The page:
“All Liberian Diaspora Conference” Set for December in Washington DC


Dual Citizenship, Economic Improvement, War Crimes High on the Agenda

Washington D.C.– Liberians from all regions of the world will be gathering near Washington, D.C., on December 6-7 for the first “All Liberian Diaspora Conference”.

The Conference is expected to bring together dozens of Diaspora organizations, international organizations, Local, and state officials, recognized Liberian experts and notable friends of Liberia. They will will join representatives of U.S. government as well as international agencies in a bid to unite the Liberian Diaspora on major issues affecting Liberia.

The summit is a joint venture sponsored by the leading umbrella Liberian Diaspora organizations representing the various regions of the world, including the Union of Liberian Associations in the Americas (ULAA),  The European Federation of Liberian Associations (EFLA),  The Federation of Liberian Communities in Australia (FOLICA),  Conference of Liberian Organizations in the South Western United States (COLOSUS), the United Liberian Association Ghana (ULAG), and the Coalition of Concerned Liberians (CCL). The major Liberian Diaspora organizations are united under the aegis of the All-Liberian Conference on Dual Citizenship (ALCOD), representing over 500,000 Liberians in the Diaspora.

Conference Chairman, John F. Lloyd, has announced that high on the agenda will be Diaspora’s involvement in the economic improvement of Liberia with focus upon dual citizenship and immigration protection for Liberians in the U.S. Also on the agenda is the issue of war crimes and women’s empowerment. He noted that the discussions will also be geared towards fostering collaboration amongst the various Liberian Diaspora organizations, relief groups, and related non-governmental organizations to improve the coordination of their many initiatives for Liberia.

The two-day Conference will be held at the St. Andrews Ukrainian Orthodox Center located at 15100 New Hampshire Avenue, Silver Spring, Maryland.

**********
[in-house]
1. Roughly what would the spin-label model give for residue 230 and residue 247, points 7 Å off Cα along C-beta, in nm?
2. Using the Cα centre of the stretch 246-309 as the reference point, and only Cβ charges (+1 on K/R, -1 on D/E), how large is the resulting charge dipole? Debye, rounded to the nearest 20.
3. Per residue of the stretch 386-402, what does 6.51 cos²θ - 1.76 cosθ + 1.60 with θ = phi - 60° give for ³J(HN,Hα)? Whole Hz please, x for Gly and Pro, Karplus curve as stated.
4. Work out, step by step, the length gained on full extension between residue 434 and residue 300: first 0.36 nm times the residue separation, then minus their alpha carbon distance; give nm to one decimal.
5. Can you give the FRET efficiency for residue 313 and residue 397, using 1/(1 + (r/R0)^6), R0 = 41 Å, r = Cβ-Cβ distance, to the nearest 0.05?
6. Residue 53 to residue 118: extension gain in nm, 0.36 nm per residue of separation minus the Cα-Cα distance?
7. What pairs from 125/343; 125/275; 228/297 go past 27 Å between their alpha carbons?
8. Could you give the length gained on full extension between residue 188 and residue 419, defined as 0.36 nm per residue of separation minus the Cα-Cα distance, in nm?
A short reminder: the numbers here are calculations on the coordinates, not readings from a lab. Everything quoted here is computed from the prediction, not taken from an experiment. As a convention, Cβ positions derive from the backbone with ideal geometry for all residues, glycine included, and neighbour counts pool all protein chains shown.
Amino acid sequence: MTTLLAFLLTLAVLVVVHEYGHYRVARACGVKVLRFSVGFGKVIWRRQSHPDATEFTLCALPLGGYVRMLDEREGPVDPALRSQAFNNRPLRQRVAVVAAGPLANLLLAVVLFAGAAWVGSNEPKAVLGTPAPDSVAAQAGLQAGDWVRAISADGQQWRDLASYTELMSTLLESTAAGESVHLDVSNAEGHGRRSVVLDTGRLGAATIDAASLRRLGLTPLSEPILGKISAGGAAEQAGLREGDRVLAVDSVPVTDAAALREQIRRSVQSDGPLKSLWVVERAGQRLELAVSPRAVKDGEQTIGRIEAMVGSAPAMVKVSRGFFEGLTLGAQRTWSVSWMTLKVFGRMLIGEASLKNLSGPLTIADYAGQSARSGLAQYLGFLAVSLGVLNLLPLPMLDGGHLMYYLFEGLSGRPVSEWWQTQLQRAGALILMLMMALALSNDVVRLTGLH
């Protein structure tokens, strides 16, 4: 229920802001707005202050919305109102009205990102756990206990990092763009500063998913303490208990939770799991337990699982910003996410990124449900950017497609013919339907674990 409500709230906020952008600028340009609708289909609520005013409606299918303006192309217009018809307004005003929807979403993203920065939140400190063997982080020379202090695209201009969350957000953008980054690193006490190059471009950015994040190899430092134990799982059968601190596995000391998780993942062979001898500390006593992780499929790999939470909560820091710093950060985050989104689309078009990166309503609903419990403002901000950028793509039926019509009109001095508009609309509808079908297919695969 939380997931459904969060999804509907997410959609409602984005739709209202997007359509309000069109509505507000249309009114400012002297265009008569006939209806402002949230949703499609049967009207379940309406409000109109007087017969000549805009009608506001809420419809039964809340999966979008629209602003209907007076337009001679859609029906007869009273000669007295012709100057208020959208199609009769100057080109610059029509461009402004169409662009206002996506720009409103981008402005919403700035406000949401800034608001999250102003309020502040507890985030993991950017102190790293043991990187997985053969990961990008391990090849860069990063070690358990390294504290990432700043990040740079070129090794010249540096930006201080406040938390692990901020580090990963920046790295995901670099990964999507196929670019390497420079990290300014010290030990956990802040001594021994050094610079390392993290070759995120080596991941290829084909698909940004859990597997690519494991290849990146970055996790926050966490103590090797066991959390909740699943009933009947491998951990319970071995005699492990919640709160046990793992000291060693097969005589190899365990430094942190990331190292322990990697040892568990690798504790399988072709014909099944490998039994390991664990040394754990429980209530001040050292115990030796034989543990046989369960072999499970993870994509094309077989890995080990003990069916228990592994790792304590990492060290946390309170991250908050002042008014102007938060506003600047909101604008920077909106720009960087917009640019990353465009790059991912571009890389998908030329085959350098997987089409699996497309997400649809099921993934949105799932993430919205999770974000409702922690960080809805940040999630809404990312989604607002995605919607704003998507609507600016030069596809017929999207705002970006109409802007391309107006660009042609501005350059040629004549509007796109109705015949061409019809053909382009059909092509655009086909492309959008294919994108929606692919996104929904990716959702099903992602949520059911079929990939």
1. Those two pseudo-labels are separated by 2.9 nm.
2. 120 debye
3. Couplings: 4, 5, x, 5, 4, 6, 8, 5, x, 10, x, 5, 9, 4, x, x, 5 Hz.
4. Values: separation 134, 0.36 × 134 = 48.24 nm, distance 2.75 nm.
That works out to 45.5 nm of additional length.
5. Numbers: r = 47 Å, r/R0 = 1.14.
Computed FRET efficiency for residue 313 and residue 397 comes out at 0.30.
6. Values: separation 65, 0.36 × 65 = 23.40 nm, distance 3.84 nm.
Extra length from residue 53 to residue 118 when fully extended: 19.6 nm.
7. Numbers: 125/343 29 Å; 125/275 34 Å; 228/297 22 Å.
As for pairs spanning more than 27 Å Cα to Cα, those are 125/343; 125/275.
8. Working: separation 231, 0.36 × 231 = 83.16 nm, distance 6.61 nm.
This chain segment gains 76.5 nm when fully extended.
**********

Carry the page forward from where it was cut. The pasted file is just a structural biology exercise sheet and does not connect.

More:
1. Okay. Everything that’s being planned sounds pretty good so far. Diaspora Liberians have a moral responsibility to unite. It is hoped that the egos of the conference planners will not get in the way. Furthermore, it is hoped that politics will stir clear of everything that’s being planned. Lastly, such meetings do not go on or conclude without money changing hands.

    It will be nice for the conference planners to let diaspora Liberians know in advance how much will be charged at the door of entrance. (You don’t want to be told to pay $100 at the door when you have only $50 in your purse or wallet. People ought to be told how much is going to be charged in advance.)

    Sadly, when diaspora Liberians return home, they’re often rejected or discriminated against in many ugly ways. Those who are rooted, meaning the very ones who run the country, do not open up! Maybe, the rooted Liberians are uncomfortable to “open up” because they are insecure. Or maybe the rooted Liberians feel inferior. In so many subtle ways, the rooted Liberians create stumbling blocks. Such a tyrannical behavior is unhelpful to the development process of our country. That must change!

    Liberians have got to change, whether they’re rooted or not or whether they are politicians or not.